- Michael Morris An Introduction to the Philosophy of Language, Cambridge University Press, Cambridge Introductions to Philosophy Series, 2006
In this textbook, Michael Morris offers a critical introduction to the central issues of the philosophy of language. Each chapter focusses on one or two texts which have had a seminal influence on work in the subject, and uses these as a way of approaching both the central topics and the various traditions of dealing with them. Texts include classic writings by Frege, Russell, Kripke, Quine, Davidson, Austin, Grice and Wittgenstein. Theoretical jargon is kept to a minimum and is fully explained whenever it is introduced. The range of topics covered includes sense and reference, definite descriptions, proper names, natural-kind terms, de re and de dicto necessity, propositional attitudes, truth-theoretical approaches to meaning, radical interpretation, indeterminacy of translation, speech acts, intentional theories of meaning, and scepticism about meaning. The book will be invaluable to students and to all readers who are interested in the nature of linguistic meaning.
1. Locke and the nature of language;
2. Frege on sense and reference;
3. Russell on definite descriptions;
4. Kripke on proper names;
5. Natural-kind terms;
6. Quine on de dicto and de re modality;
7. Reference and propositional attitudes;
8. The semantics of propositional attitudes;
9. Davidson on truth and meaning;
10. Quine and Davidson on translation and interpretation;
11. Quine on the indeterminacy of translation;
12. Austin on speech acts;
13. Grice on meaning;
14. Kripke on the rule-following paradox;
15. Wittgenstein on the Augustinian picture.
- Peter Smith An Introduction to Gödel's Theorems, Cambridge University Press, Cambridge Introductions to Philosophy Series, 2007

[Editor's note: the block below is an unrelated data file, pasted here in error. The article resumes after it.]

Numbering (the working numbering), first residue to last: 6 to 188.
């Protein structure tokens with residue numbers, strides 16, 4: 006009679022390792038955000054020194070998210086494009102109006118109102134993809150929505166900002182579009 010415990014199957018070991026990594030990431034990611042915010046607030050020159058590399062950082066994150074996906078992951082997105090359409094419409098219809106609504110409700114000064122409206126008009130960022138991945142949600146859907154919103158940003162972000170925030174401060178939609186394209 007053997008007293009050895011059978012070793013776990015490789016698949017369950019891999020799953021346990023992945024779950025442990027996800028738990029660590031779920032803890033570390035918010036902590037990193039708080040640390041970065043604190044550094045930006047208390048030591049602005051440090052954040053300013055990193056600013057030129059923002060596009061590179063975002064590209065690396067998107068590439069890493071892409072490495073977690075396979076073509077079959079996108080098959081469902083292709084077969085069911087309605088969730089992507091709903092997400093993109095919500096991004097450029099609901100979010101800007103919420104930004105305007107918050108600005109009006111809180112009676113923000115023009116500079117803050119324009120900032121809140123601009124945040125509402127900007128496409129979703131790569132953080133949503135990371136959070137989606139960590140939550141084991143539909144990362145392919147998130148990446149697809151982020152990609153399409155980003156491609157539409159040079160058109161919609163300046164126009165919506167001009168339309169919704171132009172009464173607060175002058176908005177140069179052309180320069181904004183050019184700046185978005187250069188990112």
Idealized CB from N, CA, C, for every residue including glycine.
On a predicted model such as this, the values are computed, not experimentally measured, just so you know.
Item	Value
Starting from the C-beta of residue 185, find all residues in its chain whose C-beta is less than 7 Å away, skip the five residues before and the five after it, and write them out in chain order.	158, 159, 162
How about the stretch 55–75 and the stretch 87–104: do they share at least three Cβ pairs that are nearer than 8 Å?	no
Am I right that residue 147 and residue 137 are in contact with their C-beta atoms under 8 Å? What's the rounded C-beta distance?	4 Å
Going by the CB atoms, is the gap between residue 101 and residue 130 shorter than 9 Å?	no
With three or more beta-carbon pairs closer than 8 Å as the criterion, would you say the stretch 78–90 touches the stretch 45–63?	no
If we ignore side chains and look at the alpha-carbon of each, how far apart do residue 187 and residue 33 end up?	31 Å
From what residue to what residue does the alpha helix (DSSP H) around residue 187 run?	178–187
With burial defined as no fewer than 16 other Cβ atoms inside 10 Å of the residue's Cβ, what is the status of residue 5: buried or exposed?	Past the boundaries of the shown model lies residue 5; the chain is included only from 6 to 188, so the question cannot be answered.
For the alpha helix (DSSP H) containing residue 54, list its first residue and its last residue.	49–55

In 1931, the young Kurt Gödel published his First Incompleteness Theorem, which tells us that, for any sufficiently rich theory of arithmetic, there are some arithmetical truths the theory cannot prove. This remarkable result is among the most intriguing (and most misunderstood) in logic. Gödel also outlined an equally significant Second Incompleteness Theorem. How are these Theorems established, and why do they matter? Peter Smith answers these questions by presenting an unusual variety of proofs for the First Theorem, showing how to prove the Second Theorem, and exploring a family of related results (including some not easily available elsewhere). The formal explanations are interwoven with discussions of the wider significance of the two Theorems. This book will be accessible to philosophy students with a limited formal background. It is equally suitable for mathematics students taking a first course in mathematical logic.
- Vincent F. Hendricks and John Symons ed. Masses of Formal Philosophy, Automatic Press, 2006
以前購入した同じ編者たちによる同種の著書 Formal Philosophy の姉妹編。多分購入する。
- Vincent F. Hendricks and Hannes Leitgeb ed. Philosophy of Mathematics 5 Questions, Automatic Press, 2007
*1:‘Each chapter focusses on one or two texts which have had a seminal influence on work in the subject, and uses these as a way of approaching both the central topics and the various traditions of dealing with them.’